Brooklyn College faculty, alumni win honors at the Tonys
Brooklyn College enjoyed a memorable night at the 2021 Tony Awards as a faculty member and other members of the extended Brooklyn College family were honored at the ceremony on Sept. 26.
Associate Professor for Performance Justin Townsend won the Tony Award for Best Lighting Design of a Musical for his work on Moulin Rouge! The celebrated musical walked away with a total of 10 Tony Awards, including the coveted Tony Award for Best Musical.
Brooklyn College alumnus Woodie King Jr. ’99, who graduated with his M.F.A in theater with a concentration in directing, received an honorary Tony Award for excellence in theater.
Another Brooklyn College graduate, scenic lighting designer Jiyoun Chang ’01 M.F.A. was nominated for Best Lighting for Play for Slave Play. Chang graduated with an M.F.A in Design from Brooklyn College.
“We are so fortunate to have such incredible artistic talent contributing to our social conscious among our faculty, students, and alumni who have made Brooklyn College’s Theater Department one of the best in New York City,” said Maria Conelli, the dean of the School of Visual, Media and Performing Arts. “These Tony Awards and nominations are a testament to that talent, and on behalf of Brooklyn College, I offer my heartfelt congratulations.”
Townsend was also nominated for a Tony for his lighting work on the rock musical Jagged Little Pill. Townsend, who has been teaching classes including lighting design, collaboration, stagecraft and concepts in design at Brooklyn College since 2017, is no stranger to Broadway.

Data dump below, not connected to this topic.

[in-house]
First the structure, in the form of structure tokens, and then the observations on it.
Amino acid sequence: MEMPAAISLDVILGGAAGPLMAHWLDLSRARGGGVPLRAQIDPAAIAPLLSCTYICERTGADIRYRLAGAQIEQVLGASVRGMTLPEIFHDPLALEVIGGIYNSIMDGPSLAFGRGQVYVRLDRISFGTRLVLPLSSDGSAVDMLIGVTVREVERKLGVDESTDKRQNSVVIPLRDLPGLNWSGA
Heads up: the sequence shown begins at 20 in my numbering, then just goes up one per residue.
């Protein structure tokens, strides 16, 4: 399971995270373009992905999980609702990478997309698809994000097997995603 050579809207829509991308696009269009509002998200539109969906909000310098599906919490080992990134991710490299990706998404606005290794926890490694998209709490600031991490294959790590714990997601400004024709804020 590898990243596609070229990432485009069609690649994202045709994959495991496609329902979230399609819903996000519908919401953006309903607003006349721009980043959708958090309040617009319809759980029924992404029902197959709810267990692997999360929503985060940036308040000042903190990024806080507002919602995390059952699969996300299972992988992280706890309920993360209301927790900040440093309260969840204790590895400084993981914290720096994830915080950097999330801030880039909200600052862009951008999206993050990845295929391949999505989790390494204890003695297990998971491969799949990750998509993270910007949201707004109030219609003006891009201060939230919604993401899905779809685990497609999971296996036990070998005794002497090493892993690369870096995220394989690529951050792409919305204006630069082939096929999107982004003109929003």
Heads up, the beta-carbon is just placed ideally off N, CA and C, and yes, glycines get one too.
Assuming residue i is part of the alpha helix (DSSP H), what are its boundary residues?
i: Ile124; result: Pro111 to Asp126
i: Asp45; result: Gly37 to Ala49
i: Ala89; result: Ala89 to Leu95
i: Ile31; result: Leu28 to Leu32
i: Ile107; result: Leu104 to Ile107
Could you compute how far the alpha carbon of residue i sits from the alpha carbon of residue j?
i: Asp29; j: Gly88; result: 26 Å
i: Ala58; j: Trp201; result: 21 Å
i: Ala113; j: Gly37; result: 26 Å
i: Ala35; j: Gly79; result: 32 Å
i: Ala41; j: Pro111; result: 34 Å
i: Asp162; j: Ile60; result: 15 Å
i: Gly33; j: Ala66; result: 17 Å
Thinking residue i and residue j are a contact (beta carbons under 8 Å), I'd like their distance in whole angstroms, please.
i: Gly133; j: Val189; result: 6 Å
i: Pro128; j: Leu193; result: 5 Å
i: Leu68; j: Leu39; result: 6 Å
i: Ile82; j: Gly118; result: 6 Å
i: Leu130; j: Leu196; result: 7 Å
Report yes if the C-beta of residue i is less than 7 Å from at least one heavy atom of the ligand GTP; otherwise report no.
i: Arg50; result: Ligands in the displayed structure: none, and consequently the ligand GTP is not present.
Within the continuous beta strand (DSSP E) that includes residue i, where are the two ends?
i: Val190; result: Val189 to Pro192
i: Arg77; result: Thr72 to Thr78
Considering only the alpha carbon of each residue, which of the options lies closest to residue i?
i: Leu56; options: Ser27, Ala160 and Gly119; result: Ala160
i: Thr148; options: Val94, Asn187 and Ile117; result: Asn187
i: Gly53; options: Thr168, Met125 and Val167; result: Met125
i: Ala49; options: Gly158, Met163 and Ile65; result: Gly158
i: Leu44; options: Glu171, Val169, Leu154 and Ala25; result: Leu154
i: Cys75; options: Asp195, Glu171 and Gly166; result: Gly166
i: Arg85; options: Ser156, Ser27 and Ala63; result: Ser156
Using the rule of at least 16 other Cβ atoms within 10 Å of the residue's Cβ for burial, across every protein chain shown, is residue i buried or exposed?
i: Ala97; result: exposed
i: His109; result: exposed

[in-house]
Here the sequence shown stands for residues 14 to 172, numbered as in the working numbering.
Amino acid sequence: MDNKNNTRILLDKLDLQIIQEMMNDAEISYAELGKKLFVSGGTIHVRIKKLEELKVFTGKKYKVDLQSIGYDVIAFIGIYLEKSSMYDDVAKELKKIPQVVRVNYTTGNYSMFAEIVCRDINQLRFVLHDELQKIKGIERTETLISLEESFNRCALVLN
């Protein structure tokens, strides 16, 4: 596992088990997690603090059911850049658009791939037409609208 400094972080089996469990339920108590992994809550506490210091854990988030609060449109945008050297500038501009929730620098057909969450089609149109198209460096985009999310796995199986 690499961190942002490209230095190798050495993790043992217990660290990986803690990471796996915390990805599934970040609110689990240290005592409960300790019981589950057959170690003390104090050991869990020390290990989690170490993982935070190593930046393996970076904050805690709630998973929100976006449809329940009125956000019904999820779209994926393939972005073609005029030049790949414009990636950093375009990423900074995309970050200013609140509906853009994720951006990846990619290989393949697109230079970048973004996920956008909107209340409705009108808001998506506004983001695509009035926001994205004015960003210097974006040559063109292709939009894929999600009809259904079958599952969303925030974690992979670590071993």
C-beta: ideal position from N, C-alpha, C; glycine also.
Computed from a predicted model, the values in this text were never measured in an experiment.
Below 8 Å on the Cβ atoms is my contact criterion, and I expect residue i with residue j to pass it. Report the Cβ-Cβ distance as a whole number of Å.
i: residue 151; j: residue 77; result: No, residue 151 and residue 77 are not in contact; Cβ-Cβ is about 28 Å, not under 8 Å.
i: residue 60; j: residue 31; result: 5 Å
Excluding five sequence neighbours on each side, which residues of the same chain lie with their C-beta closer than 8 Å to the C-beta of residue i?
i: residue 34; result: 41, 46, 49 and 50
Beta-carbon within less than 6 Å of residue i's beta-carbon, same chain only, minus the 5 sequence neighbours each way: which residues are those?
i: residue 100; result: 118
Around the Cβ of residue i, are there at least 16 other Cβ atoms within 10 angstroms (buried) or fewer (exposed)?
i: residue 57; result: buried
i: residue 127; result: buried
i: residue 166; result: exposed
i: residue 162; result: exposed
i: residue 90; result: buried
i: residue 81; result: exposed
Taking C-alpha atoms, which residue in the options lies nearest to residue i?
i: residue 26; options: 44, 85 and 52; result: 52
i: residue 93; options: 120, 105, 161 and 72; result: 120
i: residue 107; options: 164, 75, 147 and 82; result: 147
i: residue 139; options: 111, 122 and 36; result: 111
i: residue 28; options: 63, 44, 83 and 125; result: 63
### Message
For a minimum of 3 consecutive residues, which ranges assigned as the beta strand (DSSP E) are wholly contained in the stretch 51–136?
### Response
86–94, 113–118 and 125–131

His lighting designs include American Psycho (Tony nomination, Drama Desk Award, Outer Critics Circle Award, and Henry Hewes Award), The Humans (Tony nomination, Drama Desk Award), Bloody Andrew Jackson (Hewes Nomination, Outer Critics Circle Nomination), The Nap, Little Foxes, Present Laughter, Casa Valentina, A Night with Janis Joplin (NAACP Theatre Award), Vanya and Sonia and Masha and Spike, and The Other Place.
King Jr. is known as a significant figure in the history of Black theater, founding the New Federal Theatre and bringing minority playwrights, actors, and directors to national attention with projects both on and off-Broadway. He was honored by the Brooklyn College Theater Department for his contributions to the performing arts at the department’s annual awards ceremony on May 18 at the George Gershwin Theater.
King Jr.’s Tony Award citation said: “The mission of New Federal Theatre, founded by Woodie King Jr. in 1970, is to integrate artists of color and women into the mainstream of American theater by training artists for the profession, and by presenting plays by writers of color and women to integrated, multicultural audiences—plays that evoke the truth through beautiful and artistic re–creations of ourselves.”
In addition to the faculty and alumni recognition, the acclaimed director and producer Stephen Daldry, who is a member of the Brooklyn College Barry R. Feirstein Graduate School of Cinema’s Advisory Council, was also named Best Director after The Inheritance won Best New Play.
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